almost 4 years ago

Today, let's discuss something not so serious. After I read "Beyond Java," many years later, I rethink about the Java language. I think that Java puts too much emphasis on the library (J2EE has become a big monster), and ignores the language itself (for example, the auto-closable resource in try-catch in J2SE 7 and the Lambda expression in J2SE 8 are little big-changes to the language itself after the generic and autoboxing in J2SE 5). Java SE 8 has released, and not more than one month (2014/3/18 -> 2014/4/15), Java SE 8 Update 5 also released (the version number jumps fast after Oracle takes charge of Java development). The next version, Java SE 9, is prepared to launch. However, after learned different languages, I hope some language features (not necessarily functional) can be added into the future Java.

The first feature I hope to be added is property. In fact, many languages provide the similar language feature, e.g., Objective C and C#. The property can be accessed like variables. For example, in Code List 1, access the publications of a person by using for(Publication* publication in person.publications), or in Code List 2, change the height of a page by using page.Height = 400. It is not the same as declaring public member data, because a property is consisted of a setter and a getter with access control. Therefore, in Code List 2, the change to the height will notify all handlers (observer pattern) through the setter. And some languages provide default implementation of getters/setters, or mechanism to generate getters/setters automatically, e.g, @synthesize firstName;. Although getters/setters can also be generated automatically with Lombok annotations, that is not a part of the Java language. In addition, I don't like use annotation to generate getters/setters (well, this is a personal preferences).

Code List 1 - The property in Objective C
// In Person.h
@interface Person : NSObject

@property (nonatomic, readonly) NSInteger age;
@property (nonatomic, readonly) NSArray* publications;
@property (nonatomic) NSString* firstName;
@property (nonatomic) NSString* lastName;


// In Person.m
@implementation Person {
    NSMutableArray* _publications;

@synthesize firstName;
@synthesize lastName;

- (NSInteger)age {
    NSDate* date = [NSDate date];
    NSCalendar* calendar = [NSCalendar currentCalendar];
    NSDateComponents* components = [calendar components:NSYearCalendarUnit fromDate:self.birthday toDate:now  options:0];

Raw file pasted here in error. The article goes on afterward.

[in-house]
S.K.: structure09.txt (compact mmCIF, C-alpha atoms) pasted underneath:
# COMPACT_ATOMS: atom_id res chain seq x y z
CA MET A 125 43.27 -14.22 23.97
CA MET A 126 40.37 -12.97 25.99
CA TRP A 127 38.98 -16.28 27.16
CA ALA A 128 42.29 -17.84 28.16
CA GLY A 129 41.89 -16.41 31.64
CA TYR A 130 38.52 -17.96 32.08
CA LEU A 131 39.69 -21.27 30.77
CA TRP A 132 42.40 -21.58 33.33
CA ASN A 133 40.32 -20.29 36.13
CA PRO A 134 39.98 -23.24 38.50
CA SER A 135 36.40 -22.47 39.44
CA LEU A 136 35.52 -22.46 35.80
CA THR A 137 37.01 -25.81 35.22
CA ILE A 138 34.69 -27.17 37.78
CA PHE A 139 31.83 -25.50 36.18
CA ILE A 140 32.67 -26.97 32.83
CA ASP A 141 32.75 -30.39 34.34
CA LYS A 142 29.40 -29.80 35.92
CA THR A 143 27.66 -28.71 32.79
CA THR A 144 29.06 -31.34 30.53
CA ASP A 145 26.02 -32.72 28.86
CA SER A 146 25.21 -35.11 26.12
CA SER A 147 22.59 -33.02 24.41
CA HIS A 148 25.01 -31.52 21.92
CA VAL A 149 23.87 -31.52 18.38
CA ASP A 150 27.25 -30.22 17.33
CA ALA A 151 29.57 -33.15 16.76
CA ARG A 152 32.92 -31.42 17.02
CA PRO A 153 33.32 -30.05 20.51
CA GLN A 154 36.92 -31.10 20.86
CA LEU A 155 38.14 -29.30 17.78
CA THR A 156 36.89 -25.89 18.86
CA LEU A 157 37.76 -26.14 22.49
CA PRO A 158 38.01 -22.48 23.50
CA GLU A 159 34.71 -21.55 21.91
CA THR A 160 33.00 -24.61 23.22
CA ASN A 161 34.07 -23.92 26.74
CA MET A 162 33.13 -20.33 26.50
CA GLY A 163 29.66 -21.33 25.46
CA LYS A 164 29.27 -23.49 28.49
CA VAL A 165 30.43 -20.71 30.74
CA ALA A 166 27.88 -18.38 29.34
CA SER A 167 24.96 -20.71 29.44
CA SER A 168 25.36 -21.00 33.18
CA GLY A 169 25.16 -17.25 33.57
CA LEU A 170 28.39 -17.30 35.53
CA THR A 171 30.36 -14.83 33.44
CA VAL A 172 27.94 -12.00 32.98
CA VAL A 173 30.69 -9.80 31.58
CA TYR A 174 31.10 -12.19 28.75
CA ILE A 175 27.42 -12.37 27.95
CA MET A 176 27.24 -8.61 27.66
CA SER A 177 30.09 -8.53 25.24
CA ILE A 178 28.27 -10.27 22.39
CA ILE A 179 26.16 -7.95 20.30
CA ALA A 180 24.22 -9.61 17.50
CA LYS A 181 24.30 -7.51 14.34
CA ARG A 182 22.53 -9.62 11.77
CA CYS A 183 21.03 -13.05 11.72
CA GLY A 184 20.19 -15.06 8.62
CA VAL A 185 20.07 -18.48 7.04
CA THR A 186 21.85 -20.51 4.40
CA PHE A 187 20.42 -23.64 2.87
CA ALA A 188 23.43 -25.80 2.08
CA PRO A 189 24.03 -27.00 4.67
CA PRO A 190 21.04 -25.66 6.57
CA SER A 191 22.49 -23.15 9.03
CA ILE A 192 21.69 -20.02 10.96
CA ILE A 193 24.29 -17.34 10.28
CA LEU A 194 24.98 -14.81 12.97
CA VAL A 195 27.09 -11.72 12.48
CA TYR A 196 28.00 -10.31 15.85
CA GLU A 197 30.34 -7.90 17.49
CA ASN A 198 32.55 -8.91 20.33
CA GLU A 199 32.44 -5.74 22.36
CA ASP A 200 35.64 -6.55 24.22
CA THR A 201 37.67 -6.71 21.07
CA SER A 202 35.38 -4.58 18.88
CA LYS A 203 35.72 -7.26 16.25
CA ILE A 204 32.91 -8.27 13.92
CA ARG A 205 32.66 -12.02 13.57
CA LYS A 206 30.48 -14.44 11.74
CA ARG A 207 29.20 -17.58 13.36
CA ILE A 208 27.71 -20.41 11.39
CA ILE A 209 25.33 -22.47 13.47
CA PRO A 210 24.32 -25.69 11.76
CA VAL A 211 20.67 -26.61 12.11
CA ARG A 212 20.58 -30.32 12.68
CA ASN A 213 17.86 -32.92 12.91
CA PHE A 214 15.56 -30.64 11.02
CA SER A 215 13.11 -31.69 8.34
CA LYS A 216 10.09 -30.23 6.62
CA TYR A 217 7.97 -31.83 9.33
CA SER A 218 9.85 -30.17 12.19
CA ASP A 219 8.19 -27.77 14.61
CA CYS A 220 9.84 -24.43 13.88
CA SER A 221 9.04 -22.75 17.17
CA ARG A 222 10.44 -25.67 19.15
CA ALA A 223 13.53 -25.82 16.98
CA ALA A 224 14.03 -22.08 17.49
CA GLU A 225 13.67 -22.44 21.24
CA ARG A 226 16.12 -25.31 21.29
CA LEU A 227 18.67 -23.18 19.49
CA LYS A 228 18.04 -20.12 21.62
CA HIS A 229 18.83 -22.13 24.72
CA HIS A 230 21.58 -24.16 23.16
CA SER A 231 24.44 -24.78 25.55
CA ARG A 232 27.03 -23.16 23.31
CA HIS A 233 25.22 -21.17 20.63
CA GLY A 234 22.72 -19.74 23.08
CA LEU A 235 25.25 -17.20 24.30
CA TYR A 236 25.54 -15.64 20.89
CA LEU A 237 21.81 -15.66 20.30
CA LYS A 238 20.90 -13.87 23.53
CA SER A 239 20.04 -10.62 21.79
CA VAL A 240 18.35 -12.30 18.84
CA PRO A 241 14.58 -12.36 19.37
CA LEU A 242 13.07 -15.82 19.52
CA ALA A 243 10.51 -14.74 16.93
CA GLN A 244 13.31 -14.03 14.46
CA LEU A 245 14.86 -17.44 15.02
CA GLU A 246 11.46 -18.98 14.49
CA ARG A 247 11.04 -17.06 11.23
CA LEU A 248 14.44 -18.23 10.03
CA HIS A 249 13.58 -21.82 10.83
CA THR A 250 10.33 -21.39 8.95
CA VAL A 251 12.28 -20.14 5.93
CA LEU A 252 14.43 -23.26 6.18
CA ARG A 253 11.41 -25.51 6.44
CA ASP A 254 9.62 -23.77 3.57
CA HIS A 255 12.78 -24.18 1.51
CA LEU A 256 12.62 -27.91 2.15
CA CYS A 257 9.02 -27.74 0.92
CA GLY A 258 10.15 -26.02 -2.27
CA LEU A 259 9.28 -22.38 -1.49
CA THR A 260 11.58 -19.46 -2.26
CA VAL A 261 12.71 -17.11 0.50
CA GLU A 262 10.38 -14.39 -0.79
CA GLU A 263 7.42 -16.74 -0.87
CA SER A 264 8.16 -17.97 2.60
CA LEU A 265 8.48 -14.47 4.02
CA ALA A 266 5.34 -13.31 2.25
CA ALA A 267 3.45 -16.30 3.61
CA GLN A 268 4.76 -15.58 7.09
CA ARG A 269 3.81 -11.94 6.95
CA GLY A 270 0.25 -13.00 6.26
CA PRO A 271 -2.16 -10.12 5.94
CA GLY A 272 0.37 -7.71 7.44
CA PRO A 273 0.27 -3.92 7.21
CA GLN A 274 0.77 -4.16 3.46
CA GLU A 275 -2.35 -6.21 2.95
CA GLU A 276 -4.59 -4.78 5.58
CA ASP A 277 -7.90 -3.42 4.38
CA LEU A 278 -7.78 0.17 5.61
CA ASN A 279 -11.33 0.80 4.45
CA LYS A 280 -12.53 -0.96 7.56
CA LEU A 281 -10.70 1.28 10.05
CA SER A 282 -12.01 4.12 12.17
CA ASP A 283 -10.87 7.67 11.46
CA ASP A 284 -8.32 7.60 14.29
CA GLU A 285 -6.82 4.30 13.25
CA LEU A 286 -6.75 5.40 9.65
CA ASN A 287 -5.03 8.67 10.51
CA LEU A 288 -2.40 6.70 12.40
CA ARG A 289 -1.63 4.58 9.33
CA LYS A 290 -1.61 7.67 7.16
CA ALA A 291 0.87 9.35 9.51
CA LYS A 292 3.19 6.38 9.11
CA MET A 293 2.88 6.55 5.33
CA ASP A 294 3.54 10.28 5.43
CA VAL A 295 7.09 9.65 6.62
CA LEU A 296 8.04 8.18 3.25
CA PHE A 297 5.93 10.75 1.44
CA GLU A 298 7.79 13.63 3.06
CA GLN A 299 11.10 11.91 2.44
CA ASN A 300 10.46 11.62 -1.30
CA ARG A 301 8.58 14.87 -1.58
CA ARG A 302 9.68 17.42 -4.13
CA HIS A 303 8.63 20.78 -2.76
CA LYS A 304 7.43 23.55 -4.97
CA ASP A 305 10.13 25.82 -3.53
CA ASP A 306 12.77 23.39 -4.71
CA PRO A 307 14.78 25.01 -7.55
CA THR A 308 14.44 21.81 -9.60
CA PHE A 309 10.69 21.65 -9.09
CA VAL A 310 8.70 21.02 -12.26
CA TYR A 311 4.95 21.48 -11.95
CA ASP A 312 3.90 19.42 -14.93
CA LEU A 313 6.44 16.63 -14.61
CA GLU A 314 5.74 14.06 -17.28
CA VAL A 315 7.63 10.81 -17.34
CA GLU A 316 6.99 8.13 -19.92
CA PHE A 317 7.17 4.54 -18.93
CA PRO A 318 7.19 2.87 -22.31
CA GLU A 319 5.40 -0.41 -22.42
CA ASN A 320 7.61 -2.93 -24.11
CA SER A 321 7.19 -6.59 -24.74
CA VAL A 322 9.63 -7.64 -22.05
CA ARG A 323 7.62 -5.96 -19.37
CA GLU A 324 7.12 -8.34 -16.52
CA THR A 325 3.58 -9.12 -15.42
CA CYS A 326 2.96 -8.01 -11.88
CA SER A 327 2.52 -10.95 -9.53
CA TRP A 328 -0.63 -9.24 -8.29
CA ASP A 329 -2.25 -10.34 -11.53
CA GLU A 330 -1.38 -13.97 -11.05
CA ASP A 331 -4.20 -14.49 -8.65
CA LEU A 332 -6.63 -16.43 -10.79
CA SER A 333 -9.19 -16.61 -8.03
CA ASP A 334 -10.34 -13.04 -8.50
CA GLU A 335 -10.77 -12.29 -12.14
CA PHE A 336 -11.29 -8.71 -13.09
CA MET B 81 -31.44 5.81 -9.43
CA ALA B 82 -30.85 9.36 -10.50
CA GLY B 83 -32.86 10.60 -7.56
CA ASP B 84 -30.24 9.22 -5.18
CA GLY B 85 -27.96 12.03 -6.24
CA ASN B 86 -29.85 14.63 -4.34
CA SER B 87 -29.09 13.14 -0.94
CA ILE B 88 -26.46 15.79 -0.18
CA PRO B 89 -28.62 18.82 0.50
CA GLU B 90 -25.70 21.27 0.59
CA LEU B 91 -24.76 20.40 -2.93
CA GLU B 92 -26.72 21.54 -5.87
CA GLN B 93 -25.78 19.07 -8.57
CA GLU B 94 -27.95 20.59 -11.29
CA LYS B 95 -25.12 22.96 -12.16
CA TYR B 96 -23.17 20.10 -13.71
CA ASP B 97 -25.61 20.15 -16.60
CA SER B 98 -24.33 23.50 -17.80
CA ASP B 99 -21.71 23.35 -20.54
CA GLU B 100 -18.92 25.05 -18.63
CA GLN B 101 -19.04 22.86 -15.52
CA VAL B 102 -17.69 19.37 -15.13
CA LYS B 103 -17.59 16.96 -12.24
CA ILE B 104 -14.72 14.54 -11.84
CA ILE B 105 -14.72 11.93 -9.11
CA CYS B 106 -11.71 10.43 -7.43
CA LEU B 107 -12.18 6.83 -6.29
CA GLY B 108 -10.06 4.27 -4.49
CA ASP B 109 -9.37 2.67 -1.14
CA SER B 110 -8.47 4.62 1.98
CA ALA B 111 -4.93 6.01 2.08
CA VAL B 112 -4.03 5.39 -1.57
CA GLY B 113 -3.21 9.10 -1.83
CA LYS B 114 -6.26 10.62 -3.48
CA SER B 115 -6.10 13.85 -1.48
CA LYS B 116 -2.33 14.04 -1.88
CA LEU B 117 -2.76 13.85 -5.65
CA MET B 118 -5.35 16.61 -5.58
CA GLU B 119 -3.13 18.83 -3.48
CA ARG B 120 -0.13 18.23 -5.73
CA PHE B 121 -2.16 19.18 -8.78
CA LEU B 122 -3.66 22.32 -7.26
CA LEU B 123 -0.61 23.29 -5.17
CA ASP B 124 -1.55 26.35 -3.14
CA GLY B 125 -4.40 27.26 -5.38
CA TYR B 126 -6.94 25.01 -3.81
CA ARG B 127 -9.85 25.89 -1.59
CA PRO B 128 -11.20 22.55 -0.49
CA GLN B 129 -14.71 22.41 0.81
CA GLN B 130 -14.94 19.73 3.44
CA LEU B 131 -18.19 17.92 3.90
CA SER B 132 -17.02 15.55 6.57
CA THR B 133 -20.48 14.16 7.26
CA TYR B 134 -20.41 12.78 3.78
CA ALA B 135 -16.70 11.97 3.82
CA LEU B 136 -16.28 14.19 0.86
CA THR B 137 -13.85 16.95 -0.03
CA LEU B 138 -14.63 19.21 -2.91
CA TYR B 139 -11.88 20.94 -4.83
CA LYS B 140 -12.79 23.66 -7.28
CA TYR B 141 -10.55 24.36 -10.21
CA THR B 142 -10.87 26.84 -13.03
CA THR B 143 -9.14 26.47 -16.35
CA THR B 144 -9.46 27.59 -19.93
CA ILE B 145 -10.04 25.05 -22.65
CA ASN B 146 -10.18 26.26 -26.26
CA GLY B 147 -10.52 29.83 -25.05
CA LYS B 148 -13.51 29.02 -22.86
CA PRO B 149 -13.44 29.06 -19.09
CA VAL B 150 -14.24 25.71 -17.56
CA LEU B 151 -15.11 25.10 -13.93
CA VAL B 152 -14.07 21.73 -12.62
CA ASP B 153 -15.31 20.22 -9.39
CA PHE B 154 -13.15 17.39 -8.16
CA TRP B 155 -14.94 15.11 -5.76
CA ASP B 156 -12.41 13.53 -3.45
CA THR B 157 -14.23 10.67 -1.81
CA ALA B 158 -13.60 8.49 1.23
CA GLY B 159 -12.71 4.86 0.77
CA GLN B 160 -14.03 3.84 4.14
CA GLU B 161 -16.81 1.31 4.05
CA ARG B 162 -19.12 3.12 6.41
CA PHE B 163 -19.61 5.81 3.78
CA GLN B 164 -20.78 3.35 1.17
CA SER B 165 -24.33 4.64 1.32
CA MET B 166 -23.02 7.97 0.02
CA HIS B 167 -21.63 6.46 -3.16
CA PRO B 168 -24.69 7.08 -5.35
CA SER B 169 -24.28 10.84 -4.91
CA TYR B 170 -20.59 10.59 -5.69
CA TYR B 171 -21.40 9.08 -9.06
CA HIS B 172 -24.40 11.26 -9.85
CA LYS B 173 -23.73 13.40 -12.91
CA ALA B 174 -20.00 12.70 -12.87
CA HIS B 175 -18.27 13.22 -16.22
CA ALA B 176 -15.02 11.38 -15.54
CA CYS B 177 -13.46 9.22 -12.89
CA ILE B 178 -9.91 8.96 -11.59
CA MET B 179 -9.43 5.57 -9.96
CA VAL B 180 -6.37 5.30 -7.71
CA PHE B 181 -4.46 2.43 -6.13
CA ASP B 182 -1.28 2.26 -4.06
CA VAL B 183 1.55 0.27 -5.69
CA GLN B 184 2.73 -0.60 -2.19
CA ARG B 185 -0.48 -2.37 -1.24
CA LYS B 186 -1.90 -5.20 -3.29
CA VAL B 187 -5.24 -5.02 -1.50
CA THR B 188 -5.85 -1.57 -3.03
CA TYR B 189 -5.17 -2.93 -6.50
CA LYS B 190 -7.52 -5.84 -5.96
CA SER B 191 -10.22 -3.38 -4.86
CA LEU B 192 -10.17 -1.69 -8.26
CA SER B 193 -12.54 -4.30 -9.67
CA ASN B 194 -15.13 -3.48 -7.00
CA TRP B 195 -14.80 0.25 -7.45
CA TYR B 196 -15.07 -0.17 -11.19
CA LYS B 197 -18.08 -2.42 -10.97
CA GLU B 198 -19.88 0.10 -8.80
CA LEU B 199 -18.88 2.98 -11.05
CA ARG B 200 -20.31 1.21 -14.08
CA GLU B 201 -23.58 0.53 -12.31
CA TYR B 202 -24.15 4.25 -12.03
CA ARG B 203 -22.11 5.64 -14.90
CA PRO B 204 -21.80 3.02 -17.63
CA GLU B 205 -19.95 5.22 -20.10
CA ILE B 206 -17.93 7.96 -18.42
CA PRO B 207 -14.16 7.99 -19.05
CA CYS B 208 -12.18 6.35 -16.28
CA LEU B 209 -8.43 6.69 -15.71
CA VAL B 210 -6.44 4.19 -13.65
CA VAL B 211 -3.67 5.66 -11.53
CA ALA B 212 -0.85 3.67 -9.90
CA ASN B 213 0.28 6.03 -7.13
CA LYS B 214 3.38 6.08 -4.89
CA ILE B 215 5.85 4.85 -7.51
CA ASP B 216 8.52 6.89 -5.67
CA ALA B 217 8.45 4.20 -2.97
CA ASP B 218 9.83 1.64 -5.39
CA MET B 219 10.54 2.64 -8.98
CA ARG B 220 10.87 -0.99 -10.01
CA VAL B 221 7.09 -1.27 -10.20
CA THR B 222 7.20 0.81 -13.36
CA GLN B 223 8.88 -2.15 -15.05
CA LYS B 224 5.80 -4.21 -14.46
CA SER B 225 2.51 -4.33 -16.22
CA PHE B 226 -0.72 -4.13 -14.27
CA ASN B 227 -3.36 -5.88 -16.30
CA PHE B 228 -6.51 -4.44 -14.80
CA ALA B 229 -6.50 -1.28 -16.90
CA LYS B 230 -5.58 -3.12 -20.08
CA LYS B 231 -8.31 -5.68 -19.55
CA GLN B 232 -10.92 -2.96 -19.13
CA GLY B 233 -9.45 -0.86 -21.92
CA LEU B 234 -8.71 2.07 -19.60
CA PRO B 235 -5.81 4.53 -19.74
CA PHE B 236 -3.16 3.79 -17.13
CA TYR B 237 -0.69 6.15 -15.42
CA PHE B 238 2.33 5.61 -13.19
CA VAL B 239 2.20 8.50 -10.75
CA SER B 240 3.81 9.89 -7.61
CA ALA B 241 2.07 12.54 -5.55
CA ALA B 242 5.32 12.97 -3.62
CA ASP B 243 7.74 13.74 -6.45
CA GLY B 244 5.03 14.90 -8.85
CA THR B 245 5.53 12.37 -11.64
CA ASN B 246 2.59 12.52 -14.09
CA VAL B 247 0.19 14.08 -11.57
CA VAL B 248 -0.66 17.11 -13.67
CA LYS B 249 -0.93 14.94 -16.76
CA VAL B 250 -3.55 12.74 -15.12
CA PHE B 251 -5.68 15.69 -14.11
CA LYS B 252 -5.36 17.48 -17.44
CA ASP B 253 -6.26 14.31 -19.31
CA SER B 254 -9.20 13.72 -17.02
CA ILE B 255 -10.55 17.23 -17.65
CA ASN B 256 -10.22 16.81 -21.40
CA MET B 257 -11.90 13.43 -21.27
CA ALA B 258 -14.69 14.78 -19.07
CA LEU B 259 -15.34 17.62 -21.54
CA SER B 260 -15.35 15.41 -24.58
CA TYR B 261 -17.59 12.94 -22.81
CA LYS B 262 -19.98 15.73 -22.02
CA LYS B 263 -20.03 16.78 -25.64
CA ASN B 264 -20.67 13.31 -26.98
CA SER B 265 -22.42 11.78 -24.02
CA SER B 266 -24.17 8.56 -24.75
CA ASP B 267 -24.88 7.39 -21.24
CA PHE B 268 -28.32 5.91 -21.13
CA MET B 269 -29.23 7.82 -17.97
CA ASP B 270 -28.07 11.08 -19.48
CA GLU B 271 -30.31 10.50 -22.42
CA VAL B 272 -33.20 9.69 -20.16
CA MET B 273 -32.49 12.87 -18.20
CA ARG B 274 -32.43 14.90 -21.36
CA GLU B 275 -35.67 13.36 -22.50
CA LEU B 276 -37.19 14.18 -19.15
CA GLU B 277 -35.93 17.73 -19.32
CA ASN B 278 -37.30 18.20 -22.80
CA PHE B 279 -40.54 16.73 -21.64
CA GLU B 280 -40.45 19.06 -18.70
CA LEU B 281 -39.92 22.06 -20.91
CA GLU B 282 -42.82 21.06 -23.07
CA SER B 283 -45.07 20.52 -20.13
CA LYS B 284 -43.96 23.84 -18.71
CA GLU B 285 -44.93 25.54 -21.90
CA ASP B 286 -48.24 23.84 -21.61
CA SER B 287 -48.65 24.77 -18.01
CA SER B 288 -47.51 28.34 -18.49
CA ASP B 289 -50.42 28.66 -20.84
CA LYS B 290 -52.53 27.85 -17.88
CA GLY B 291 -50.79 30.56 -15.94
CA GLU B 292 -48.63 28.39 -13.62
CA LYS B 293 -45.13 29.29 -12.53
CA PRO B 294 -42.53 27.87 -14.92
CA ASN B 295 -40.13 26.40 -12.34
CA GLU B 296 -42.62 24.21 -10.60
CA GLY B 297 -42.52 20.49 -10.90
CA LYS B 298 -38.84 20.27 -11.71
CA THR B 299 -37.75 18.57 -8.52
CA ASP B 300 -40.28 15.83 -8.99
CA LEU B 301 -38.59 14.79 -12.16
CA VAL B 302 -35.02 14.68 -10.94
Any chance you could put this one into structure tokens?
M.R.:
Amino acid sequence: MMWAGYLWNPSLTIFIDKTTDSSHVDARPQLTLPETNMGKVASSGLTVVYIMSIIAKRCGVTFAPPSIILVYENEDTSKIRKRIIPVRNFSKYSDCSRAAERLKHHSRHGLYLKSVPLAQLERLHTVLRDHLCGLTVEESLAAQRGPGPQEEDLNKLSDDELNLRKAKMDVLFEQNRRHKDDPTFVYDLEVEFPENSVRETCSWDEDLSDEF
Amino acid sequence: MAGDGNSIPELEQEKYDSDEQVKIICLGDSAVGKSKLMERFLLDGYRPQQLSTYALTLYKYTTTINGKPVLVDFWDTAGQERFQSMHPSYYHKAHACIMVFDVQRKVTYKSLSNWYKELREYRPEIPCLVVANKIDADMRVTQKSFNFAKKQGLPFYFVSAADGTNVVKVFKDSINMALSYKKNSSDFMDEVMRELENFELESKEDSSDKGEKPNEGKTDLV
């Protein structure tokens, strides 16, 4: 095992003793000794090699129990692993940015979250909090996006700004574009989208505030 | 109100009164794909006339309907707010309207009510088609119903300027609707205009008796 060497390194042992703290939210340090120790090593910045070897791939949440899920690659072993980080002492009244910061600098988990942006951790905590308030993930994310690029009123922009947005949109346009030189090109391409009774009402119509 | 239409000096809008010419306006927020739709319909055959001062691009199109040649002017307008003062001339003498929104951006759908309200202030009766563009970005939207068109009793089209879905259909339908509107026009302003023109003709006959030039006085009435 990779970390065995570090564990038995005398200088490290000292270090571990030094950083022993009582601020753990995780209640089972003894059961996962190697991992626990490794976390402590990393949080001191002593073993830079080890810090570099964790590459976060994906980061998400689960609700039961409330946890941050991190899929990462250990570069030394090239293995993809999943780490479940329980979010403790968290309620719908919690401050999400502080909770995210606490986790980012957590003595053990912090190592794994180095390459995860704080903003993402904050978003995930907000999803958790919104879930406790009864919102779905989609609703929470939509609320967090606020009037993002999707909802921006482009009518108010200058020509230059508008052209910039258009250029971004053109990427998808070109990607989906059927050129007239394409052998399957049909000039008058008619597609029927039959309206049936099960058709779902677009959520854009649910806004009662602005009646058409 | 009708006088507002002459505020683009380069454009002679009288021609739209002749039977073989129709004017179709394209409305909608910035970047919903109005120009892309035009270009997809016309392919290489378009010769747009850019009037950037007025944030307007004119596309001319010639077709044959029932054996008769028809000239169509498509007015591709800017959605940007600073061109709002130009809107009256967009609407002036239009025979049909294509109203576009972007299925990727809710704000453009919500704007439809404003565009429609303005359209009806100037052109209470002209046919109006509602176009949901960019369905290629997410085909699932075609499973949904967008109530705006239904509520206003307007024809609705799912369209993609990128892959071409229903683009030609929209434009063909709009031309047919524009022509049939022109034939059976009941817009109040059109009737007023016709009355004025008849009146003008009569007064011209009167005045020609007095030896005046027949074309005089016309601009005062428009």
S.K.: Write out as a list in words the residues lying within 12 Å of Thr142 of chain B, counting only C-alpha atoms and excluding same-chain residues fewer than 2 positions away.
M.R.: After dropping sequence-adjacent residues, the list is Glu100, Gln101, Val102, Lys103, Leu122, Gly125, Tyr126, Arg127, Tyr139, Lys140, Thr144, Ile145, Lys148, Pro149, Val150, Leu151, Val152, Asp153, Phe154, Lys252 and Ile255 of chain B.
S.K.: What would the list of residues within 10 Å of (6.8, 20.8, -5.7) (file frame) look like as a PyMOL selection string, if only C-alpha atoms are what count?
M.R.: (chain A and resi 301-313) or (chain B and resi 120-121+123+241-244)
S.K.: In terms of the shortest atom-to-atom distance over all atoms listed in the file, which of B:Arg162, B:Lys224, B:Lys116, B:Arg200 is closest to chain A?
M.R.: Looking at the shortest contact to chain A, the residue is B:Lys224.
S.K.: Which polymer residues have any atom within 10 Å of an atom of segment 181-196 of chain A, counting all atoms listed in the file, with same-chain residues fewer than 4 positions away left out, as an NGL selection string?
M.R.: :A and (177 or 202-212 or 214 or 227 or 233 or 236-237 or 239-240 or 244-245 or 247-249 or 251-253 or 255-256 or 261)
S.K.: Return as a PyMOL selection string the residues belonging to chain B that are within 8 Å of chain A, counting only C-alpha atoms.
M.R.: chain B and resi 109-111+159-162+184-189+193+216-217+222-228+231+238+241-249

return [ageComponents year];

- (NSArray*)publications {
    return _publications;

// In somewhere alse
Person* person = [controller getPerson];
for(Publication* publication in person.publications) {
    // do something
Code List 2 - The property in C#
// In Page.cs
public class Page : Drawable {

    /// <summary>
 /// Gets or sets the height of the page
 /// </summary>
 public int Height {
        get { return _height; }
        set {
            _height = value;

// In somewhere alse
Page page = createEmptyPage();
page.Height = 400;

The second feature is literal data structure declaration. Both JavaScript and Objective C provide this feature, Sometimes, when processing datta, a class with getters/setters is required to process a simple data object -- that is boring. For example, in Code List 3, a company data object is created easily. Yes, in fact, Code List 3 is a feature that Objective C borrowed from JavaScript Object Notation (JSON) as shown in Code List 4. Just use a symbol @ to declare literal data structure, and Java can use the same way! Well, someone can explain why the built-in JSON API only available in J2EE -- client does not need to parse JSON? That is somewhere strange.

Code List 3 - The literal data structure declaration
id company = @{
    @"name": @"Far Far AwayCompany",
    @"address": @"I don't want to know",
    @"foundedOn": @1999,
    @"employees": @[ @"Bill", @"Steve", @"John" ]
Code List 4 - JavaScript Object Notation
var company = {
    "name": "Far Far AwayCompany",
    "address": "I don't want to know",
    "foundedOn": 1999,
    "employees": [ "Bill", "Steve", "John" ]

The third feature is category. That is my favor feature of Objective C. Category is a way to glue new functions to an existing class, but it is not inheritance because the type is not changed. It is not the same as the partial keyword in C#. The category is very useful to design complicated project. The functionalities of a class can be categoried into different files. For example, the conversion between a POJO (Plain Old Java Object) object and JSON string is the responsibility of the POJO object itself, or someone others?